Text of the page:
Processional Cross (15th-16th century)
The cross on the altar dates back to the late 15th century and was originally in the church of Santa Maria della Scala, demolished in 1776. It has had various later additions: the niello and embossed silver medallions from the early 16th century are based on the theme of salvation, as evident in the two main ones, representing the Crucifixion and Christ Pantocrator (ruler of all things).
The cross, used as a processional funeral cross, was part of a liturgical set normally employed during the funerals of members of the aristocracy from all over Europe, which used to take place in Santa Maria della Scala as it had ducal status.
It is made of four segments of almost equal length and shaped as elongated trapezia, as in early medieval crosses (Lombard and Carolingian), which were in turn modelled on early Christian or Byzantine iconography.
In one of the two main medallions the crucified and suffering Christ, Christus patiens, his head reclined slightly, is encircled by a golden oval with rays emanating from it. Christ’s face bears no sign of pain: he looks like he is asleep. At the sides are a grieving Virgin Mary, St. John the Evangelist and Mary Magdalene; below him, St. John the Baptist. Equally encircled by a golden oval (in the other main medallion) is Christ Pantocrator with rays emanating as a symbol of his glory and the victory of light over darkness. Christ is the light of the world. He is surrounded by the emblems of the four evangelists and appears solemn and austere. With his right hand, he is giving a blessing while his left hand is holding the Gospel, the good news, the revelation. A triangle on his head symbolises the Trinity, and a dove above it the Holy Spirit, providing a close link between the Pantocrator and the mystery of the Trinity. The austere expression implies that the Word Incarnate is the image of the Father.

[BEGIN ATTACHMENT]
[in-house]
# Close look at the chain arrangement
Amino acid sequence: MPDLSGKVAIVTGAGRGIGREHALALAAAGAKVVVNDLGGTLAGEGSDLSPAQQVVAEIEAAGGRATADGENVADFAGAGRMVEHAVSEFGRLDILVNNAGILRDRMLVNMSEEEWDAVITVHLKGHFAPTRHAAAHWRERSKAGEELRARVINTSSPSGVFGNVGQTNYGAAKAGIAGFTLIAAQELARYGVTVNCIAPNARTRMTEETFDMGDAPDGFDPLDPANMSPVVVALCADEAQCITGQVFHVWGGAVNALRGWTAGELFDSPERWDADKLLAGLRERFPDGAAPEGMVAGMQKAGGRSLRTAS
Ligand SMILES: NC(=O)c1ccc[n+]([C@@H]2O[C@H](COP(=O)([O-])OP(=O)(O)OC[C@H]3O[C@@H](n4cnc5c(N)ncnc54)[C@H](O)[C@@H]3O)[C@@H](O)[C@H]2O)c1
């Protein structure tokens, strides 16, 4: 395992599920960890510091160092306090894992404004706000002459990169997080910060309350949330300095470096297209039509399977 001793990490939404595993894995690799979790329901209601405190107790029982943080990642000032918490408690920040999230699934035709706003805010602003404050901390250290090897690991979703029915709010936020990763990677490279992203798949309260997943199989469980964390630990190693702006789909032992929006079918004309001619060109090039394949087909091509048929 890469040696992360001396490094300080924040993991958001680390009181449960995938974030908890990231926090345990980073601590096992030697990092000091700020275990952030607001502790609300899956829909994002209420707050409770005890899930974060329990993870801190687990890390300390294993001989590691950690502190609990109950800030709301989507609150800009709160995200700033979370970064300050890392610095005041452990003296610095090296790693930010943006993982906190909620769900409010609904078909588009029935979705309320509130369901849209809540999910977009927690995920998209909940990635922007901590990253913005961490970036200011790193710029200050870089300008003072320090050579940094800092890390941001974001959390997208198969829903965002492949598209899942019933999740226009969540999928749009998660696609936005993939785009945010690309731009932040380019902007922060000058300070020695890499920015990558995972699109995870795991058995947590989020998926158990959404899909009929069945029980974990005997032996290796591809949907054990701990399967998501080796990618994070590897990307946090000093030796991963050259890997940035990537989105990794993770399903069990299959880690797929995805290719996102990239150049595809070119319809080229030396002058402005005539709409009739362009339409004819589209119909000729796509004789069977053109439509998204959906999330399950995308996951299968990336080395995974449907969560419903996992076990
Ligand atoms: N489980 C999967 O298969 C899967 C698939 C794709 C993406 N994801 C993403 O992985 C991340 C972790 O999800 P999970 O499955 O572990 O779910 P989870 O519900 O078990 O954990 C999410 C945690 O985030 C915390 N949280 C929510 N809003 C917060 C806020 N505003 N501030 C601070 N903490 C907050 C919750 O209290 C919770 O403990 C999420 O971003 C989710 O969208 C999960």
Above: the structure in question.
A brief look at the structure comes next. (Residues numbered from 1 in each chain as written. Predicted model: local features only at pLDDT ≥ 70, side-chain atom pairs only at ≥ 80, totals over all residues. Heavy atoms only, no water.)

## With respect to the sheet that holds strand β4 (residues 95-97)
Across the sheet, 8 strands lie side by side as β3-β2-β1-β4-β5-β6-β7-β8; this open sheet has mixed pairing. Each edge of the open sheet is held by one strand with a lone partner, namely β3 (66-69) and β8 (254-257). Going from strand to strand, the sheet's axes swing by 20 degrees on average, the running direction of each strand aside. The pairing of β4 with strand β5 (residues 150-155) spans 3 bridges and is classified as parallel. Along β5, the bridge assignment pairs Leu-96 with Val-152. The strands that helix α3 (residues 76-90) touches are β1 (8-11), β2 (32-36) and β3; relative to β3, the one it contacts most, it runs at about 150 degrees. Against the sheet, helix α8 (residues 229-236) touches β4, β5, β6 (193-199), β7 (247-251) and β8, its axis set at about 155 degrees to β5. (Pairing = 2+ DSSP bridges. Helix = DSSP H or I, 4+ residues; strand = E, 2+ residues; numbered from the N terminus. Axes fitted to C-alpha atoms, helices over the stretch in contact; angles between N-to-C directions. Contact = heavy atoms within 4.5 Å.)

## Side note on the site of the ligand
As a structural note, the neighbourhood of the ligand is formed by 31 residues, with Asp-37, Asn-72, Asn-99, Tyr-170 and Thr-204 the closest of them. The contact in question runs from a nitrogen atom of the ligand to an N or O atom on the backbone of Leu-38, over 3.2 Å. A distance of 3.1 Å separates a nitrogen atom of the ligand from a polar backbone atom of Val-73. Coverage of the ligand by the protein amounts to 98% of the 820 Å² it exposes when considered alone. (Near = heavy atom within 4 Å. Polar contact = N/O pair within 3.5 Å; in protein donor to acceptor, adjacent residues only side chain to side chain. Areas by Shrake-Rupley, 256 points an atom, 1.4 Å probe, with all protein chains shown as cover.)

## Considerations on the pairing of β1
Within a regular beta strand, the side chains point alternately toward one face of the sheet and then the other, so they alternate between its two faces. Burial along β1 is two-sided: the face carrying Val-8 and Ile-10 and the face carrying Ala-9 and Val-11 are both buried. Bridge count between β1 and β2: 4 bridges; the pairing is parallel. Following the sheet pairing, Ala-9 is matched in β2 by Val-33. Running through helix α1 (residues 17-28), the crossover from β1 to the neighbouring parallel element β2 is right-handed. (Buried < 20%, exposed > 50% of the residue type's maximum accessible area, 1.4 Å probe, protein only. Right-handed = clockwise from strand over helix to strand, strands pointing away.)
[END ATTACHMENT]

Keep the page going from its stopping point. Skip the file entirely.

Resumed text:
These two medallions are a summary of the story of Salvation. Christ is the Saviour, the judge and the advocate all at the same time. He is empowered by the Father to judge us, but he also brings justification by bearing our sins for us.